As part of our “Movie Of The Week” discussion of All That Heaven Allows this week, Keith Phipps wrote an essay about Rock Hudson’s Home Movies, Mark Rappaport’s 1992 essay-film about how Rappaport believes Hollywood covertly teased and punished the closeted gay actor in his films, while Hudson secretly allowed his sexuality to seep through his performances. (Rock Hudson’s Home Movies is included on Criterion’s new All That Heaven Allows Blu-ray.) As it turns out, many of our readers have been harboring strong feelings about Rappaport’s intentions and methodology for years, and didn’t hesitate to vent, both for and against it. Here’s a sampling of the conversation:
Alien Jesus: “I really have to disagree with the prism in which this film peered into Rock Hudson’s life with the benefit of hindsight, or as mentioned, viewed through a ‘smirk’ lens. There are countless examples of stars and scenes in films which when viewed with a cynical eye could clearly be viewed as gay (or salaciously camp), and by default so must be the performers in those scenes. Look no farther say to Howard Hughes’ The Outlaw. There is an entire scholarly claim, that I admit exists only when viewed through the ‘smirk lens,’ that the entire antagonism of Doc Holiday and Pat Garrett is a vying for the carnal attentions of Billy The Kid… and by default a self-projection of Howard Hughes’ bisexuality. You have to be squinting really hard to come up with that. In the case of Rock Hudson, he was so very protective of his career and went to absurd lengths (and at times with the help of studios) to protect his privacy so as not risk exposure and the death of his career… So to claim that Hudson telescoped his sexuality intentionally in film for those looking for it is, in my mind, disingenuous. It flies against everything he stood for while in good health. But horrible circumstances removed that agency thereby releasing a tsunami of snark by revisiting a handful of his films.”
Julius Kassendorf: “1992 was about the right era for this film. It was an era in which gay filmmakers were chopping up, re-appropriating, and re-contextualizing the past to reflect the present knowledge. Haynes was doing it in Superstar: The Karen Carpenter Story. He also re-contextualized formulas from the 1950s, 1970s and 1980s in Poison to reveal monstrous gay themes. Swoon abused the real lives of Leopold and Loeb. Not that this was new, as both Rocky Horror and Thundercrack! re-contextualized the past by making the queer subtext into the text— both using The Old Dark House as their starting point… Rapaport was clearly working in the NQC milieu of reclaiming the past. It isn’t an academic movie, but a totally tongue-in-cheek film to say that this beloved uber-hetero star was always gay. He was gay when he was a duet with Doris Day. He was gay when he was a soldier. He was gay in his Douglas Sirk movies. Hudson was always gay, even when you (‘you’ being the hetero audience) forced him not to be, both on screen and in the press. Rock Hudson’s Home Movies has the snark of catty gay culture, but it also has a cutting truth that all the best cultural snark has: in this case, that what you believed regarding sexuality was a lie. The specific instances and scenes aren’t that important, so much as the re-contextualization of a gay man’s work from when everybody thought he was straight. And it’s not merely to have a lark at Hudson’s expense, either. He’s just the case being used because his homosexuality was the biggest surprise.”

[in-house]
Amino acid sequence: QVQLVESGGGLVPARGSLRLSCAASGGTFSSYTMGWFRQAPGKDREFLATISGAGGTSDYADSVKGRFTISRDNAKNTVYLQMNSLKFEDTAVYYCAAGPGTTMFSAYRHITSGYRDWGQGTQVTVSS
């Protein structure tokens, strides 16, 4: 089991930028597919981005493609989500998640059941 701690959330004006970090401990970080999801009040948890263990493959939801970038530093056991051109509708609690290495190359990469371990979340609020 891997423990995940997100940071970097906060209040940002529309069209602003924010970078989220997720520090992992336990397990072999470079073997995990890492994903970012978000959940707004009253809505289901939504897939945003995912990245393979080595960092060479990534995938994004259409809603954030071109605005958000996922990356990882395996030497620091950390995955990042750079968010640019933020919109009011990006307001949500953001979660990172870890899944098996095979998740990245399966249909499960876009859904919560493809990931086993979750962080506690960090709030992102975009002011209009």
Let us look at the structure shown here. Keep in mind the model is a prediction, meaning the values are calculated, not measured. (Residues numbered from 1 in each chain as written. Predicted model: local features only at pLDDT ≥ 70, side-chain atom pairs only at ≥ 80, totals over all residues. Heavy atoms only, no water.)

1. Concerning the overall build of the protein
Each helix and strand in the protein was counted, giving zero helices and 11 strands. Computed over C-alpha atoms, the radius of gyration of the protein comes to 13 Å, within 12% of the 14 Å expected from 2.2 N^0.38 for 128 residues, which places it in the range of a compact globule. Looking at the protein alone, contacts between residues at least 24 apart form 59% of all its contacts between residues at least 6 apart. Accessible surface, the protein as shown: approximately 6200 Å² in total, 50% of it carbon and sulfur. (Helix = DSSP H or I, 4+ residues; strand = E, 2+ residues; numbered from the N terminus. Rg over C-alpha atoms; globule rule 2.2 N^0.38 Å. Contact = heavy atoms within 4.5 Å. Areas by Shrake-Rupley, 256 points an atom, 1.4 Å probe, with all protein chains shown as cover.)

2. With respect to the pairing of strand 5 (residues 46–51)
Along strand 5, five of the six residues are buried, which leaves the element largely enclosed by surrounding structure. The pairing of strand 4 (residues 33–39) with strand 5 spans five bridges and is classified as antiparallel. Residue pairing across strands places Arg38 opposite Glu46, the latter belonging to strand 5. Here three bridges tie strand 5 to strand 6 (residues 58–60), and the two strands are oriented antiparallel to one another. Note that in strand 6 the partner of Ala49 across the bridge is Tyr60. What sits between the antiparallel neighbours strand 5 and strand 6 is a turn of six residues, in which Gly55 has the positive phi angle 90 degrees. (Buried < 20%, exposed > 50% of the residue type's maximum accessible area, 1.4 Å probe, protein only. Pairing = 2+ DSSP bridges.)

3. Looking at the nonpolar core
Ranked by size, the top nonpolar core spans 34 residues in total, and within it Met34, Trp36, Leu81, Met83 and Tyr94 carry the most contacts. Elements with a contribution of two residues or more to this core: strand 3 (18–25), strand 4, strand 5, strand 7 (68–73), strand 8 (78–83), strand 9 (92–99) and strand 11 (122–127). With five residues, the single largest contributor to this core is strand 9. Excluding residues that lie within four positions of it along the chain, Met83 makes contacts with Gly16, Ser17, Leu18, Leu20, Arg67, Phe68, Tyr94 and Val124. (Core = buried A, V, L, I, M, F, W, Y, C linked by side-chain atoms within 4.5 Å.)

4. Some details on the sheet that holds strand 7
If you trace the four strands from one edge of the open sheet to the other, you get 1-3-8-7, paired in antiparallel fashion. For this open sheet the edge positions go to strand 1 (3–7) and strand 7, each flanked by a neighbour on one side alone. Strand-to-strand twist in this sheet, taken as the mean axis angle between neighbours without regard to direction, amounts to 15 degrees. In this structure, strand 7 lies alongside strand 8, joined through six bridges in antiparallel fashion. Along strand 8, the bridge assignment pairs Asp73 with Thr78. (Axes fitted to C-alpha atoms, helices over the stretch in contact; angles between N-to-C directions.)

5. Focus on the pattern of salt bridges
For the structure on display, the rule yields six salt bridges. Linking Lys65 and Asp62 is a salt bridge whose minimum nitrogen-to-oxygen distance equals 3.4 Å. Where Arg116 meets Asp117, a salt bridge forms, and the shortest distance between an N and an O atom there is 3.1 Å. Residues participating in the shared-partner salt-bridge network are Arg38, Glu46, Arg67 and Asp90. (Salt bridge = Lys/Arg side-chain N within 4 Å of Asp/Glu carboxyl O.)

Son Of Griff: “Getting back to the Movie Of The Week, it seems that the appropriation of All That Heaven Allows in Marxist criticism and queer cinema from the 1960s through the 200s is perhaps a more important part of its legacy than the impact it had during its original release.”
washington: “Though the question there becomes what is appropriation and are we making a distinction with re-appropriation? Sirk himself was a Marxist and a pacifist and I wouldn’t be surprised if he saw more than a little of himself in Hudson’s character in this film and certainly Marxism is in the text of the film, while the queer elements are at best subtext. In this way I think the film(s) has always been Marxist, but only with Fassbinder did they become queer. The only one of Hudson’s films that I feel has anything in the way of a queer text is Seconds, but that same queer text could easily be applied as Jewish text for Frankenheimer.”